'Amadeus' at Camelot Theatre

Max Gutfreund, front, plays Wolfgang Amadeus Mozart and Paul R. Jones plays Antonio Salieri in Camelot Theatre's "Amadeus."Photo courtesy of Steve Sutfin

Wolfgang Amadeus Mozart is a name familiar to most. Mention his contemporary, a composer named Antonio Salieri, and you will probably get a blank stare.

Salieri was a superstar in the late 18th century in Vienna. He'd written successful operas, ballets and sacred music, and he was a famous teacher — his students included Franz Schubert, Ludwig van Beethoven and Franz Liszt.

If you go

What: "Amadeus"

When: Previews Wednesday and Thursday, Jan. 30 and 31, opens Friday, Feb. 1, and runs through Feb. 24

Where: Camelot Theatre, 101 Talent Ave., Talent

Tickets: $22 for the Jan. 30 preview; $10 for the Jan. 31 preview; $22, $20 for seniors and students, for all other shows

Call: 541-535-5250 or see www.camelottheatre.org

Mozart was a precocious child, a brash, career-threatening interloper with daring, new musical ideas for composition.

Peter Shaffer's 1980 Tony Award-winning play, "Amadeus," brings Salieri's all-consuming jealousy of Mozart's genius and his efforts to destroy him to light.

The show previews Wednesday, Jan. 30 — with a fundraiser for Siskiyou Singers — and Thursday, Jan. 31; it opens Friday, Feb. 1, at Camelot Theatre, 101 Talent Ave., Talent.

Camelot's Artistic Director Livia Genise directs, with Paul R. Jones starring as Salieri and Max Gutfruend as Mozart.

Shaffer based "Amadeus" on real as well as apocryphal facts. Mozart was, indeed, boorish and foul-mouthed. During his life, he blamed Salieri, official court composer to the Austrian Emperor Joseph II, for his difficulty in getting his work performed. At the time of Mozart's death in 1791, there were rumors that he had been poisoned by an envious Salieri. Shaffer's story line was inspired by a 19th-century play accusing Salieri of the deed, written by the Russian author Alexander Pushkin.

But Shaffer's "Amadeus" takes the story further. Salieri has consecrated himself and his work to the glory of God, filled with the certainty that God would reward his efforts. Instead, God bestowed genius on an unthinking child. A bitter Salieri vows vengeance — on Mozart and on God.

Shaffer continually revised "Amadeus" for the 1984 film and for other stage productions. Camelot is using the script revised by the playwright for the 1998-1999 Broadway revival. Sir Peter Hall, director of both the original Broadway production as well as the later one, writes that Shaffer transformed the work from a simply thrilling melodrama into a profoundly humanist tragedy.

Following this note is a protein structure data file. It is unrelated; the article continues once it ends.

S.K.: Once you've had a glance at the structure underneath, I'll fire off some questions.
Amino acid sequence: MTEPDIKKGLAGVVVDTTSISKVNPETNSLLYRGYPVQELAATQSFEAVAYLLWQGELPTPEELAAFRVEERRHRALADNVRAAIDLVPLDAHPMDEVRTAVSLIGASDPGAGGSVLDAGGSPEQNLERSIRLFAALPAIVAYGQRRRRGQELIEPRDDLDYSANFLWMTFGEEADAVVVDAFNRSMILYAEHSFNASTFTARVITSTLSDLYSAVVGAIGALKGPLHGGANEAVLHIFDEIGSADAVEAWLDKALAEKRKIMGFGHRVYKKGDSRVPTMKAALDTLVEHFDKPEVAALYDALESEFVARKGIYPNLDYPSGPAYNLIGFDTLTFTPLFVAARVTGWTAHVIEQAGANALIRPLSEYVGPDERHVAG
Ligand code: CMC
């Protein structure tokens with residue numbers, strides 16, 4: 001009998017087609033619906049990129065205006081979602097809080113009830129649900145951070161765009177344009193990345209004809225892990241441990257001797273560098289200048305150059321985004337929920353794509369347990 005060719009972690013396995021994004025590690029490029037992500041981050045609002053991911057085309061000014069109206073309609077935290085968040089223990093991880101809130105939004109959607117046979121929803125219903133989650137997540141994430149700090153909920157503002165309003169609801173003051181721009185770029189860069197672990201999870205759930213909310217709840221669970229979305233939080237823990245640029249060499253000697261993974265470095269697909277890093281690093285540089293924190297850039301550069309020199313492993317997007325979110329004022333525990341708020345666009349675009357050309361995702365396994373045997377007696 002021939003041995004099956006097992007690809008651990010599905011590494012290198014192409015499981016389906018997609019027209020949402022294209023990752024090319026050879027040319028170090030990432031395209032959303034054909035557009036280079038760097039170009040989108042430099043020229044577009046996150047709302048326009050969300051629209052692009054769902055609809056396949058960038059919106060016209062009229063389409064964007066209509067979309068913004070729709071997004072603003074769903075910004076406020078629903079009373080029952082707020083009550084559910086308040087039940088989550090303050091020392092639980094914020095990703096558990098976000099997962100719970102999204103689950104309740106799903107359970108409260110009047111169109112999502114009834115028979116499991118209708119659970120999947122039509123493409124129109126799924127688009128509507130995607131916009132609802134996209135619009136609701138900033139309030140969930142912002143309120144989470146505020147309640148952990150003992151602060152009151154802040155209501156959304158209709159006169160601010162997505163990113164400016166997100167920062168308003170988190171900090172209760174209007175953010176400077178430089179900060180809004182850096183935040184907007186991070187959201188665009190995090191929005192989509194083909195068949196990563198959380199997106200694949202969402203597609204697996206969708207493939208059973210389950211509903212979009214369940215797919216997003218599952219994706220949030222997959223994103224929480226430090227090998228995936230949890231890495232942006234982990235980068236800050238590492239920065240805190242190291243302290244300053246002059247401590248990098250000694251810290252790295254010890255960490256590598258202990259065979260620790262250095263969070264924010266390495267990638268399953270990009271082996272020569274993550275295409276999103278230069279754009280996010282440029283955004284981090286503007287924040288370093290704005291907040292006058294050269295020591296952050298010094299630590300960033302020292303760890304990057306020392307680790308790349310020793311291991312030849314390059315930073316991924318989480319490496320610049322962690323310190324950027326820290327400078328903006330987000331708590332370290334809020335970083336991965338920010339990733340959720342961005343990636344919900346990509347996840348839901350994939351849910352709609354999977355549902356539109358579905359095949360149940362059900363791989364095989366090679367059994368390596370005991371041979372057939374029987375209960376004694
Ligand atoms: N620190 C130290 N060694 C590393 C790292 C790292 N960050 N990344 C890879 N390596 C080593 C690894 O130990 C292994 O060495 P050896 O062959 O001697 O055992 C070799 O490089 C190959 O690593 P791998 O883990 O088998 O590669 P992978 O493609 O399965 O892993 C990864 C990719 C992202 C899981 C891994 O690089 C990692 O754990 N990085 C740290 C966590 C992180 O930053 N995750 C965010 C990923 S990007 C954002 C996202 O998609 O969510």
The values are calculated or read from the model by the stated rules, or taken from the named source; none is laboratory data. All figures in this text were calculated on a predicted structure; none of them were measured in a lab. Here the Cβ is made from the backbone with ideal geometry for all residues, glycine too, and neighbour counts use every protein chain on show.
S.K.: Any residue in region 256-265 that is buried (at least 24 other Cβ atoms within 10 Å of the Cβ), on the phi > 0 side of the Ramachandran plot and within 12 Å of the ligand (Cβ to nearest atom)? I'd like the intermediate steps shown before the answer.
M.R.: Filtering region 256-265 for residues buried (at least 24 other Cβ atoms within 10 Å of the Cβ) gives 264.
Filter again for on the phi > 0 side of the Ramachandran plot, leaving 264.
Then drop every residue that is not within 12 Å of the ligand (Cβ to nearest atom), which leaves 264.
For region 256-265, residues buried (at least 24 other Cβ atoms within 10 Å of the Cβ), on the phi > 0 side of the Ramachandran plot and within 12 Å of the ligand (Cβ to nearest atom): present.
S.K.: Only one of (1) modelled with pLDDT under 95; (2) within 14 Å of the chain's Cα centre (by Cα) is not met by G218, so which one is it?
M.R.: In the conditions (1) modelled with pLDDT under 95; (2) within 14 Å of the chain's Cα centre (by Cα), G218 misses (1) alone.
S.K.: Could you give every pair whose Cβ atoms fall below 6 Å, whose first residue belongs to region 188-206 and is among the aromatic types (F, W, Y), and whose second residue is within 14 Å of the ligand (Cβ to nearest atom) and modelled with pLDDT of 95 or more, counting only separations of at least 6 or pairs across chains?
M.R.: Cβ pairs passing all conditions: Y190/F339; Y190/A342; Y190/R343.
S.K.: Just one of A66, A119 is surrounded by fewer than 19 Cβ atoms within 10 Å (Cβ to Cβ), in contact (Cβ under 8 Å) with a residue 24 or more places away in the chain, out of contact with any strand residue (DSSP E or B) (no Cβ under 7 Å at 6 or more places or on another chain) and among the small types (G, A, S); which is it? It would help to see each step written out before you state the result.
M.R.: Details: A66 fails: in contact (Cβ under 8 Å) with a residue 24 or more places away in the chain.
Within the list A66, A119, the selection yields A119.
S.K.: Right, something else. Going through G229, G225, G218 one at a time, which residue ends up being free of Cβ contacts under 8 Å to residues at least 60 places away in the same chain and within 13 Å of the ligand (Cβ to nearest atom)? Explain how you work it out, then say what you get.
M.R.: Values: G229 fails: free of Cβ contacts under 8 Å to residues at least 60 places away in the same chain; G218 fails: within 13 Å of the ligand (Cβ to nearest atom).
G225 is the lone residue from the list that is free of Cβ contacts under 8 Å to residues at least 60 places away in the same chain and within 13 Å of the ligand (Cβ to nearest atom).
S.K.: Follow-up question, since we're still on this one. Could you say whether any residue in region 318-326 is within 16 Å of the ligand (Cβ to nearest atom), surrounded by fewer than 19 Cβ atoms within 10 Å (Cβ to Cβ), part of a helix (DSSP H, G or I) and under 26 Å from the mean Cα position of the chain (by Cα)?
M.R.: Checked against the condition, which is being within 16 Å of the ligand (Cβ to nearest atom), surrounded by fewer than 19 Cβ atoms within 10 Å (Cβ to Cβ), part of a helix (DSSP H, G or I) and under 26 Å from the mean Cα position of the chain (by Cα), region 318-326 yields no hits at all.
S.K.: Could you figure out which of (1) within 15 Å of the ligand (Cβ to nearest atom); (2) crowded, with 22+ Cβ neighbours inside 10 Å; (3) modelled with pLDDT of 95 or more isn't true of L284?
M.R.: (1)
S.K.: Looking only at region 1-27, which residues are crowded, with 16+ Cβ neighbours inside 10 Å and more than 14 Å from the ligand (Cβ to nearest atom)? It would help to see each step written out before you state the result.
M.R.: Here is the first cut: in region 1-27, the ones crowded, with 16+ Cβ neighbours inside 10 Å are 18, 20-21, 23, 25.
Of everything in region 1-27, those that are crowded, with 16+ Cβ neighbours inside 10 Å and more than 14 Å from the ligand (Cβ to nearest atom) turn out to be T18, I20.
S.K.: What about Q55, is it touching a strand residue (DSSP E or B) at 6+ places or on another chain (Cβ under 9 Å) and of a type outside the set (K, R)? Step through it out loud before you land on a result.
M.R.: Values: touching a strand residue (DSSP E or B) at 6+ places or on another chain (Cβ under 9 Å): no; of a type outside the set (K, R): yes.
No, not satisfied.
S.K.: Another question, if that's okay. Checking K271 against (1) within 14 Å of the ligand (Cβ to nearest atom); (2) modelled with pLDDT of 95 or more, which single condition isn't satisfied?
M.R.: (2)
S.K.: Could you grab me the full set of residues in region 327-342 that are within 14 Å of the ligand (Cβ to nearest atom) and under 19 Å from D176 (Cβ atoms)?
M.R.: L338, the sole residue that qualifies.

Jones first played Salieri 20 years ago in a community theater in Visalia, Calif., which used the 1980 script. He notes the major difference in the two scripts.

"In this most recent version, Shaffer changed the confrontational scene between Salieri and Mozart in Act 2, made it more dramatic. In the original, Salieri hears that Mozart has gone mad, and he visits Mozart in disguise to see for himself. In this version, he is not in disguise. Mozart sees him lurking around the house and invites him in. As Salieri sees the mental deterioration of the younger man, he realizes that in destroying Mozart, he may have achieved his revenge, but he has also destroyed himself."

Genise says she drew her inspiration both from the film and from an early, regional production of the original play. She says she was "a little in awe of taking it on to direct."

"But, when I cast Paul as Salieri, Max as Mozart and Grace as Constanze, I knew it was going to work. They understand and give real depth to these characters."

Gutfreund, a student at Southern Oregon University, also has appeared in Camelot's productions of "All the King's Men," "Gypsy" and "1776." Peets is a veteran of Camelot's Conservatory program. She is majoring in vocal performance at SOU.

"Amadeus" is filled with music of the period — Mozart's music, of course, but also music by Salieri and other contemporary composers chosen by music adviser Kendra Taylor.

Curtain is at 8 p.m. Thursdays through Saturdays, at 2 p.m. Sundays through Feb. 24. Tickets for the Siskiyou Singers benefit cost $22. Tickets for the Jan. 31 preview cost $10. A pay-what-you-can show will be Wednesday, Feb. 6. All other shows cost $22, $20 for students and seniors. Call 541-535-5250 or see www.camelottheatre.org to purchase tickets.

Roberta Kent is a freelance writer living in Ashland. Reach her at rbkent@mind.net.


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